Wolf teeth are small, shallow rooted teeth located just in front of the upper first cheek teeth and occasionally on the lower jaw. They erupt between 5-12 months of age and are found in both fillies and colts. Approximately 70% of horses will develop wolf teeth. They are often confused with canine teeth which are larger and located further forward in the bars of the mouth.
Since wolf teeth do not come into contact with other teeth, they are not used for chewing. According to fossil records, millions of years ago wolf teeth were similar in size to the rest of the cheek teeth and were used for grinding food. Back then, horses were small forest dwelling brush eaters, with all of the cheek teeth being smaller and narrower like those of sheep and goats. In these early horses there were seven functional cheek teeth in each row compared to the six in today’s horses.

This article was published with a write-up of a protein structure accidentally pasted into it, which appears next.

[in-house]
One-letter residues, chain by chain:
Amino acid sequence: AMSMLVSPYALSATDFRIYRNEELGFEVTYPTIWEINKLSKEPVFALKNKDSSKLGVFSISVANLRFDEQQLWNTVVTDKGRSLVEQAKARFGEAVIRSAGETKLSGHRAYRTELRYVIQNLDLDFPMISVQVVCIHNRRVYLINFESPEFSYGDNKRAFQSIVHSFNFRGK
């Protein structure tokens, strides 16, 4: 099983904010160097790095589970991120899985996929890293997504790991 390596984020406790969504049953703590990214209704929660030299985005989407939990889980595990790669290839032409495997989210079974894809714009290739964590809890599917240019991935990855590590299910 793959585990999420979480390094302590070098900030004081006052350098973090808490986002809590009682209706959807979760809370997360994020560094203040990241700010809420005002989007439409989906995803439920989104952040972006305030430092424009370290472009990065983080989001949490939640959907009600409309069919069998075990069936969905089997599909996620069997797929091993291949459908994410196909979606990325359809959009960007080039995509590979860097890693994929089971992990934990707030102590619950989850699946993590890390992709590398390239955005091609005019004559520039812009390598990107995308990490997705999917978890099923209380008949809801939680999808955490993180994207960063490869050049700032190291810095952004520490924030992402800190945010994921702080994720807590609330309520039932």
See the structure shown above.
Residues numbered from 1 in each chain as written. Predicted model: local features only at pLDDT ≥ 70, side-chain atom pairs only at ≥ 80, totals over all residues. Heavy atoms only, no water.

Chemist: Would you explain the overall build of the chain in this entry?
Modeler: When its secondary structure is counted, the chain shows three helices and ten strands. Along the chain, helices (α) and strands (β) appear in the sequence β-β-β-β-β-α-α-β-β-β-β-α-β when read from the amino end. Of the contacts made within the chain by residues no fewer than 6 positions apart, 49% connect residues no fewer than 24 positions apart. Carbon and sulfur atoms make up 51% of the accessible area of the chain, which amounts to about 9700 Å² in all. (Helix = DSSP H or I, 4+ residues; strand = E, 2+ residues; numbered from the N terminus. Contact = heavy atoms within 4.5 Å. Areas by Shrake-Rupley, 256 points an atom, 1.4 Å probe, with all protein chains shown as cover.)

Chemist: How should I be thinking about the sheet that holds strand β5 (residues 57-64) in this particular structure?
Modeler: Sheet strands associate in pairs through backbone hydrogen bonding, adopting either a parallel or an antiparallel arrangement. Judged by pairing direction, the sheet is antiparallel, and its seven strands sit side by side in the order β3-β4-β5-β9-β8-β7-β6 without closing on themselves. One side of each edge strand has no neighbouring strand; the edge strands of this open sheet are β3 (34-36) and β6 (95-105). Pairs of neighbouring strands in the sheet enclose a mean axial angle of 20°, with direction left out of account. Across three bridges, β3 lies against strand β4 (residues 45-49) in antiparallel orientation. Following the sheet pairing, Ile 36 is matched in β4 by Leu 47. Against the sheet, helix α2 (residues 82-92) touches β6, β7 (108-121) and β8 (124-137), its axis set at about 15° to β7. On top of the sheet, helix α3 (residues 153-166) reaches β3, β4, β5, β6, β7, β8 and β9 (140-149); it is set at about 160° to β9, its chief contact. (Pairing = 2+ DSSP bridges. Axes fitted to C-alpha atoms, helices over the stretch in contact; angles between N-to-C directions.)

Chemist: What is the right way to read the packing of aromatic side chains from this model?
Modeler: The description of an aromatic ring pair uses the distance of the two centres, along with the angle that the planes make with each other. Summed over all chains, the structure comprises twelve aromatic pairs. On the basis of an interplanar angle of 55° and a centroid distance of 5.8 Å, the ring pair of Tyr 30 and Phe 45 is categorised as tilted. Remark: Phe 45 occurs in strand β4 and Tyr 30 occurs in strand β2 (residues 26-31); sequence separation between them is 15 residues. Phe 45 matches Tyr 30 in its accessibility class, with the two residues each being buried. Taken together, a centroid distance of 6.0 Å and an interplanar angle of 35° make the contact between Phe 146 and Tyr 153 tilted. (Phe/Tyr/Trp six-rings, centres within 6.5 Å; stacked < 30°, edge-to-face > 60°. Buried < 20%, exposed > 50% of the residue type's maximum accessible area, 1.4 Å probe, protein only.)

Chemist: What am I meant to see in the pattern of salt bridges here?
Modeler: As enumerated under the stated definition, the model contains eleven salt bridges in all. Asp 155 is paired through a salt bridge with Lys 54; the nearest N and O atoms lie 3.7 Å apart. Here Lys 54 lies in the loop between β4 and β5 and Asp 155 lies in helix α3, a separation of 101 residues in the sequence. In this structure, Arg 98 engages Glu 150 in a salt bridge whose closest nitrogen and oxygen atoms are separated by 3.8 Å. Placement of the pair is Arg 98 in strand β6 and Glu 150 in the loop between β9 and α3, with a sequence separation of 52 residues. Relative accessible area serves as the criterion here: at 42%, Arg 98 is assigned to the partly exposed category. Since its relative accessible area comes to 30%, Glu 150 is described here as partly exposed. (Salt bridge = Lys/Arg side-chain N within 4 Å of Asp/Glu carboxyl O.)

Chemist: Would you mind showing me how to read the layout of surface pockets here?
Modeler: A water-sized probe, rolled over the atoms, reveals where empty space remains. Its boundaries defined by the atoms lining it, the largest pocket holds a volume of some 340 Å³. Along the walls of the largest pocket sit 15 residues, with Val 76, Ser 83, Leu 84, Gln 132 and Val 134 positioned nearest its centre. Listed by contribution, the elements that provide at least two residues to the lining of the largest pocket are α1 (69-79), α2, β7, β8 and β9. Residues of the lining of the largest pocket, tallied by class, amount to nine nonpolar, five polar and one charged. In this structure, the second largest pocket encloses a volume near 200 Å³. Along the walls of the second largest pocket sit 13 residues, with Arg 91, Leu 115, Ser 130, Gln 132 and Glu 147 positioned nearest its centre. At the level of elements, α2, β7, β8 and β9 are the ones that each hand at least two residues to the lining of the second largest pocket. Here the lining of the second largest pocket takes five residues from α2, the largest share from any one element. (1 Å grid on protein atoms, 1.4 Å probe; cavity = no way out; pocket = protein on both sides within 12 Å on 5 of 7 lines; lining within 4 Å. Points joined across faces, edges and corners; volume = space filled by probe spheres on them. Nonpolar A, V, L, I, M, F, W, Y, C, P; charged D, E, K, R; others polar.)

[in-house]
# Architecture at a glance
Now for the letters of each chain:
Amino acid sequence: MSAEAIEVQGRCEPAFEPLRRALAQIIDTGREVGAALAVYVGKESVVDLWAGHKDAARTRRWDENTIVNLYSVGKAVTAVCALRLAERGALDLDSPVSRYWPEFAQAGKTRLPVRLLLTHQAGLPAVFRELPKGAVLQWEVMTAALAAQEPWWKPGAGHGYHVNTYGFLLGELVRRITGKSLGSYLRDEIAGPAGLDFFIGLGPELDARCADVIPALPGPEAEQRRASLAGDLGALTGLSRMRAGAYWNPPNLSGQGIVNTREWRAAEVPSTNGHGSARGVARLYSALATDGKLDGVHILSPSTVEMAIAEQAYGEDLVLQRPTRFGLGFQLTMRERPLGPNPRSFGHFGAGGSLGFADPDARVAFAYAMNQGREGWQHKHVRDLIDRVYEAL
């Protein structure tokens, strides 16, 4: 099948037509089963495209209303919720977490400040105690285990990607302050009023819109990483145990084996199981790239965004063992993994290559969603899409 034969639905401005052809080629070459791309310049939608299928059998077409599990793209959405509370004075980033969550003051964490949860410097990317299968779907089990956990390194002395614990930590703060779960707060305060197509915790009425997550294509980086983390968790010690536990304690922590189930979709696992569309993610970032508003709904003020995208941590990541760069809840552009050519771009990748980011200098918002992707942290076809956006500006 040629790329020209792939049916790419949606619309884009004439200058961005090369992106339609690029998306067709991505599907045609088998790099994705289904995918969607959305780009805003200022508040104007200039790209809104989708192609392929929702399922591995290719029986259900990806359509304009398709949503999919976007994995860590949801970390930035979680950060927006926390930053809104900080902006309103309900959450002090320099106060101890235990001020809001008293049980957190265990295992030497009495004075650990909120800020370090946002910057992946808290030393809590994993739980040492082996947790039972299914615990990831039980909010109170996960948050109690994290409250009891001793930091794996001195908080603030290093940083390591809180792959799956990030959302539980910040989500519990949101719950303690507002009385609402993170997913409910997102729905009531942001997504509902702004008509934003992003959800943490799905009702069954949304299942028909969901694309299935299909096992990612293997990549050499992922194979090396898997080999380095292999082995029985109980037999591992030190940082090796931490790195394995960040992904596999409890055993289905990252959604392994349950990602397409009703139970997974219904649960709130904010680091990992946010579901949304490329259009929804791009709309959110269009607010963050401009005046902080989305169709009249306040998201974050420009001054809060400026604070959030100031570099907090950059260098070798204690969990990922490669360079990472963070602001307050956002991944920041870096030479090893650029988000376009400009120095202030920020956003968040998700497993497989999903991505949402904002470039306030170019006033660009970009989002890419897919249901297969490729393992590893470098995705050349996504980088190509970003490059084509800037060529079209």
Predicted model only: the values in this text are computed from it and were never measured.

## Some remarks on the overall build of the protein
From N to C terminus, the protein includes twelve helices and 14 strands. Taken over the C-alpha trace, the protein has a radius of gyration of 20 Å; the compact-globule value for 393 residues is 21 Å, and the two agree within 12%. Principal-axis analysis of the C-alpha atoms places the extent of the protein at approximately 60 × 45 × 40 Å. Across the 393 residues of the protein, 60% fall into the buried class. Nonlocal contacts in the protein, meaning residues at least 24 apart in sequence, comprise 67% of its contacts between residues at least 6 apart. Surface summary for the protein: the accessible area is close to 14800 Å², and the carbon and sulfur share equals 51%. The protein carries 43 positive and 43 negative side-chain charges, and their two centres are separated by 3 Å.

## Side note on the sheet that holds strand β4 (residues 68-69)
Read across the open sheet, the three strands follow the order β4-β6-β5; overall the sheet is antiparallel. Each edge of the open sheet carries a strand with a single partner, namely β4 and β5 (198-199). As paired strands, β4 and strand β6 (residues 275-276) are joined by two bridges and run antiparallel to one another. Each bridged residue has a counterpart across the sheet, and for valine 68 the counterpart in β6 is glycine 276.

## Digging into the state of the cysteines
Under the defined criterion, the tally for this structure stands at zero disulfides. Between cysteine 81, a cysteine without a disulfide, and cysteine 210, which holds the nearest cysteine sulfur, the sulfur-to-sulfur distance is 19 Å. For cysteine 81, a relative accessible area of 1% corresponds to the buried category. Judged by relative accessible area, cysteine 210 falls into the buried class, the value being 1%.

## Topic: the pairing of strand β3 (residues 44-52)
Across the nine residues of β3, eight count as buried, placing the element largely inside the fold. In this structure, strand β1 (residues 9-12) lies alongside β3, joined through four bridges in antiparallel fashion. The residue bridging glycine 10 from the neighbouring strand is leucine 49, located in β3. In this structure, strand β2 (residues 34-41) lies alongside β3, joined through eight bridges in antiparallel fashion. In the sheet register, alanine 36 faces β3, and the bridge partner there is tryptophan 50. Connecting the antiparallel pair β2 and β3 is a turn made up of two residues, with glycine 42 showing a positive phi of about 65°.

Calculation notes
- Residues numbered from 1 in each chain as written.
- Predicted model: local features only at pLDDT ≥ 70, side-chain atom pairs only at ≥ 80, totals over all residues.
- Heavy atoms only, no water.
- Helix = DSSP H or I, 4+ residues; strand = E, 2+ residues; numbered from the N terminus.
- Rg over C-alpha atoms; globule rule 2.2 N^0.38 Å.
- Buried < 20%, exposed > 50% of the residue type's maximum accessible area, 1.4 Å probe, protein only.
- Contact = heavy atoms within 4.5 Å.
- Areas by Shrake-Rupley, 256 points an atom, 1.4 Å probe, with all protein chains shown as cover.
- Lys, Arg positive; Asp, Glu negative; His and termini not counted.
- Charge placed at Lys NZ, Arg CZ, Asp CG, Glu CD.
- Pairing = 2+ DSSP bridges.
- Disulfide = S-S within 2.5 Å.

Due to their location, wolf teeth can cause a painful response when they come in contact with the bit. It is standard procedure to extract wolf teeth to help prevent behavior issues such as head tossing, rearing, head tilting, and pulling against the bit.
David Warren, D.V.M.